Cognitive Intelligence For Businesses: A Smart Move?
Cognitive Intelligence has taken the technology world by storm, being a great topic of conversation among tech-savvy people. Even more alarming, however, is how it has become a popular buzzword for entrepreneurs of today.
Can we really blame them? The technology itself is extremely interesting – it’s a complex mixture of neural networks, artificial intelligence, machine learning, natural language processing, sentiment analysis and contextual awareness. Despite its intricacies, it has found its way into the minds of visionary entrepreneurs, who want nothing but the best, most accurate experience for the end-user.
To incorporate a giant like cognitive intelligence into mere business functions – it’s a lot easier said than done. Let’s look at how ideal such an inclusion of technology can be for a business.
A Potentially Smart Move?
Before we can answer that questions, we need to understand how cognitive intelligence can contribute to a business:
Accurate Data Analysis
Systems built on cognitive intelligence are efficient at collating and cross-referencing information to analyse a situations from all possible angles. They remove all possible errors that a human could bring, and include accuracy that a computer has built-in.
The healthcare industry has used this innovatively; they collect information, reports and data from disparate sources like medical journals, diagnostic tools, past data and more from different hospitals and medical care centers. That way, technology does not replace the doctor – it merely simplifies the task of going through copious amounts of data and processing it to bring forth accurate diagnosis and results.
Cognitive Intelligence mirrors the human thought process by not only analysing data, but predicting future paths as well. This simplifies the entire process that comes after analysis: noticing emerging trends and studying process-centric issues in real-time become simpler and more accurate, while simultaneously reducing risk. Thus, better informed business decisions can be made.
Better Customer Interactions
Since cognitive computing does not remove the “human” out of the system, it can be used to automate the customer experience. They provide relevant contextual information to users, making the interaction extremely to-the-point and void of humane inconsistencies.
Hilton has used this technology and completely turned the travel experience around, with their own robotic concierge Connie; the cognitive computing system successfully gives relevant information about tourist sites, fine dining recommendations, FAQs and more. The experience has been so refreshing that customers feel completely engaged with the company.
Just like the coin that has two sides, cognitive computing has its restraints parallel to its benefits.
Where Do Limitations Lie?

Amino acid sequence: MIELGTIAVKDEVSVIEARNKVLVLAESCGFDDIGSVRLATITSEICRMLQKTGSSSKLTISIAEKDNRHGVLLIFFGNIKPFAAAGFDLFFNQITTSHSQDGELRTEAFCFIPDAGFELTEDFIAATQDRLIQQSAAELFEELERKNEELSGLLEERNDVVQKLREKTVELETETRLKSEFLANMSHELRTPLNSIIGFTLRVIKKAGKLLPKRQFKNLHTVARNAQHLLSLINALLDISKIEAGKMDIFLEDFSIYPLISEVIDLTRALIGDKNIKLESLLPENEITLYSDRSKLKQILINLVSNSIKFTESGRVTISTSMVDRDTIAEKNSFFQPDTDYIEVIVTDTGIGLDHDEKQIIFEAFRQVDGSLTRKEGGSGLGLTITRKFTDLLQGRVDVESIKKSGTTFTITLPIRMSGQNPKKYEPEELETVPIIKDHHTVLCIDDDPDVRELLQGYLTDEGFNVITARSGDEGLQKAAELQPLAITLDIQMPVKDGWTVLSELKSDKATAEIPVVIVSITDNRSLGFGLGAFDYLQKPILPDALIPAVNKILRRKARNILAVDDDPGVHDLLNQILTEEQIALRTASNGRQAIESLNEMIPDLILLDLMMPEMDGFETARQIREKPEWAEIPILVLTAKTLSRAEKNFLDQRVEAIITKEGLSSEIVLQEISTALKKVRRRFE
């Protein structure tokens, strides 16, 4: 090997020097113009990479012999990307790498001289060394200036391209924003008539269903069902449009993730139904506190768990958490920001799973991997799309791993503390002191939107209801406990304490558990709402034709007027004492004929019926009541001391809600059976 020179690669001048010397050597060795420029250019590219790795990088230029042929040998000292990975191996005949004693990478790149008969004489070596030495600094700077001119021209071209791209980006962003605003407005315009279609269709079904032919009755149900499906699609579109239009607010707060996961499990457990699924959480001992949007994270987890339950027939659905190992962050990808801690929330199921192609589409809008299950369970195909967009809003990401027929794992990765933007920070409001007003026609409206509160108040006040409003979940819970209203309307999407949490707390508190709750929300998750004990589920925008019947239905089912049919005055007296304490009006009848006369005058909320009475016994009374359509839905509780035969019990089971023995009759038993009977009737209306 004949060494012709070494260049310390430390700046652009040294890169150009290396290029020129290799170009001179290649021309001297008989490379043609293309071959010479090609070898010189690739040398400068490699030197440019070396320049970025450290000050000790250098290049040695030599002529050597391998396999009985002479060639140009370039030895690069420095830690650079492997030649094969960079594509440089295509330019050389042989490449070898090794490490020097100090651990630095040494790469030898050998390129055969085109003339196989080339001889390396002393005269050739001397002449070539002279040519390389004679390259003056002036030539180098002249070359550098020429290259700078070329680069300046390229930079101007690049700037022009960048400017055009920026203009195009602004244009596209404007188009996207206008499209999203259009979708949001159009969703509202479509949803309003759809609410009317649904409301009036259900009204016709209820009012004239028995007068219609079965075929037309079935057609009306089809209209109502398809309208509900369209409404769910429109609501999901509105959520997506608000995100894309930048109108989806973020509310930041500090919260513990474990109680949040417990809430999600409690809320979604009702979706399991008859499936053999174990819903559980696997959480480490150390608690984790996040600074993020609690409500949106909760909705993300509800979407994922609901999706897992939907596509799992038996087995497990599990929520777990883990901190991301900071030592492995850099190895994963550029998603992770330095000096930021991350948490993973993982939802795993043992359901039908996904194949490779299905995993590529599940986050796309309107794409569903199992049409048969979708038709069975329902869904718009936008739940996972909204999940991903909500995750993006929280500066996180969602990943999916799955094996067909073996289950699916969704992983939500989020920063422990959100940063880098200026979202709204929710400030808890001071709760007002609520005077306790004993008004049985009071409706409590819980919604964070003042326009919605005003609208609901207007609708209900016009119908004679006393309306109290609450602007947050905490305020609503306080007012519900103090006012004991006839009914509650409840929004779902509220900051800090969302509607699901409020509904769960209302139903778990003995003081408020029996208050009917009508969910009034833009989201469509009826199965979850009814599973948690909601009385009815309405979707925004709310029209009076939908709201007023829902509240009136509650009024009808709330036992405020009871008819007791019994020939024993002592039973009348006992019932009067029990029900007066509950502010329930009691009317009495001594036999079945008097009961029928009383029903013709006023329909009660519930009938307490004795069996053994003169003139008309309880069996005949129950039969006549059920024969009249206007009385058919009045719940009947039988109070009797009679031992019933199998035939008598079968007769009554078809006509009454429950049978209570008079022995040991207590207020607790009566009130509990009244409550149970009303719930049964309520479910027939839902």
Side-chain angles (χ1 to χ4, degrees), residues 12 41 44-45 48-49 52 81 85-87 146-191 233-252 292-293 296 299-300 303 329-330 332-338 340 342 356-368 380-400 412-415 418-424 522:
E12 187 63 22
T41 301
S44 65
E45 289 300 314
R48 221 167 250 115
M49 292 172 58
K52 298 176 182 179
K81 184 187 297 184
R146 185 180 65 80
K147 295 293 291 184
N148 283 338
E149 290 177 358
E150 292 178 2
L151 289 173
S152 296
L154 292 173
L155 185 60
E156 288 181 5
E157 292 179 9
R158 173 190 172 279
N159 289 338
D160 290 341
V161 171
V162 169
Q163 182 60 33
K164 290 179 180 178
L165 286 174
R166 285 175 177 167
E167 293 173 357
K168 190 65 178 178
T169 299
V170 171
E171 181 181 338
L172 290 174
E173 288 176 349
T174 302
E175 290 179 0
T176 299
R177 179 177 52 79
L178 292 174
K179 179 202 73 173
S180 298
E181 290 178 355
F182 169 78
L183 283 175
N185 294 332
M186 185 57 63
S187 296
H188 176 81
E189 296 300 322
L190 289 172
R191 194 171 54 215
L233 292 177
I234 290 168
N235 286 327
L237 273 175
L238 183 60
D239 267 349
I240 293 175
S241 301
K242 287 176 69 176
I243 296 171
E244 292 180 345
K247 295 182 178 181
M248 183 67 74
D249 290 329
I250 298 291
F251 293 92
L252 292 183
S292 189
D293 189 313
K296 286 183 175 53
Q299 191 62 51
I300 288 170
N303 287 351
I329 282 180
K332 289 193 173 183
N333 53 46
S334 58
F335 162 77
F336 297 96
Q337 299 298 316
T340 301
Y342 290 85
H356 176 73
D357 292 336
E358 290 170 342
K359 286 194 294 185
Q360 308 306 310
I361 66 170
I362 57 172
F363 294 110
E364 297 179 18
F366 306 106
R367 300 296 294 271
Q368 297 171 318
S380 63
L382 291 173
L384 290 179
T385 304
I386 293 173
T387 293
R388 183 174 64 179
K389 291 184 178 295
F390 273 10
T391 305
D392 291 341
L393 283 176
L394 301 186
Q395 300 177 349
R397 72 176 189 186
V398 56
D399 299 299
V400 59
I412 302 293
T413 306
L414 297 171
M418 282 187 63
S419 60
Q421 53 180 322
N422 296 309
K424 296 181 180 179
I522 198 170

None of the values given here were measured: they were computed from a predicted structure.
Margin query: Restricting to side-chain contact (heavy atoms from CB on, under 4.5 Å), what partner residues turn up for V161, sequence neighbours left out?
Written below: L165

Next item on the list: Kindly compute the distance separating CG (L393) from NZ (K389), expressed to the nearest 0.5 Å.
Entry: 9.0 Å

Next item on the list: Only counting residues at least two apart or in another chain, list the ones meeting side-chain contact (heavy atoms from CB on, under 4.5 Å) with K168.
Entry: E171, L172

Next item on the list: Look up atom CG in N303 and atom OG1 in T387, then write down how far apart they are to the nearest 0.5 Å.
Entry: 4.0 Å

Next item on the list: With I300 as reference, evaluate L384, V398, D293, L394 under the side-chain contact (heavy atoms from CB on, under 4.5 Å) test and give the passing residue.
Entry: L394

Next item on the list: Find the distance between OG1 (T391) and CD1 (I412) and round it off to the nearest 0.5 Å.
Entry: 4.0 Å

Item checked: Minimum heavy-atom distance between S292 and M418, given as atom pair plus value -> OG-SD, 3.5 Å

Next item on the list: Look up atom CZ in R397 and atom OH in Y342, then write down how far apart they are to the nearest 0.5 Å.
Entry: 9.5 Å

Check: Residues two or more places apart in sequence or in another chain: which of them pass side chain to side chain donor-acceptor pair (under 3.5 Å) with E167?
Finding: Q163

Before we let our decision get biased, let’s glance through the cons that match the pros:
Tedious Training Process
Before cognitive intelligence can be used practically, they must be trained to do so. This can be a very meticulous, lengthy process of putting in data continuously until you start getting the results you want. Sometimes, a few too many wrong outputs can disrupt the entire training process if not handled correctly.
Risk Not Analysed Enough
Although cognitive systems can give a decent result from the data present, they fail to analyse risks created by missing factors. A predictive model can be great at its job, but it won’t give a fully accurate result if it refuses to include external factors. In such cases, human intervention is needed for accuracy.
Not A One-Man Player
Despite its dominance, it still depends highly on human intervention: processes data input, training, in-depth risk analysis and maintenance all need people’s help. Furthermore, the results they give are not entirely concrete “this-or-that” answers; they merely help people to make critical decisions themselves. Therefore, it is understood that cognitive intelligence can’t run on it’s own.
What’s The Answer?
The answer is often mixed at this stage; some people consider it to be the next new era of modern businesses, and so are quick to adopt the system into work functions. Others are doubtful; they don’t consider it trustworthy enough to aid in decision-making, and so prefer to let it slide. If you find yourself tipping towards the sceptic’s side, why can’t you enjoy the benefits of predictive analysis?
Modern POS in Pakistan like Oscar have taken predictive analysis and incorporated it into their Reporting And Analytics System, allowing you to notice emerging trends in your business, and boost them for profitability.
Cognitive computing has definitely revealed itself to be a worthy contender in the business field. However, it still has a long road ahead to traverse; there will be a lot more improvements needed before it becomes entirely mainstream.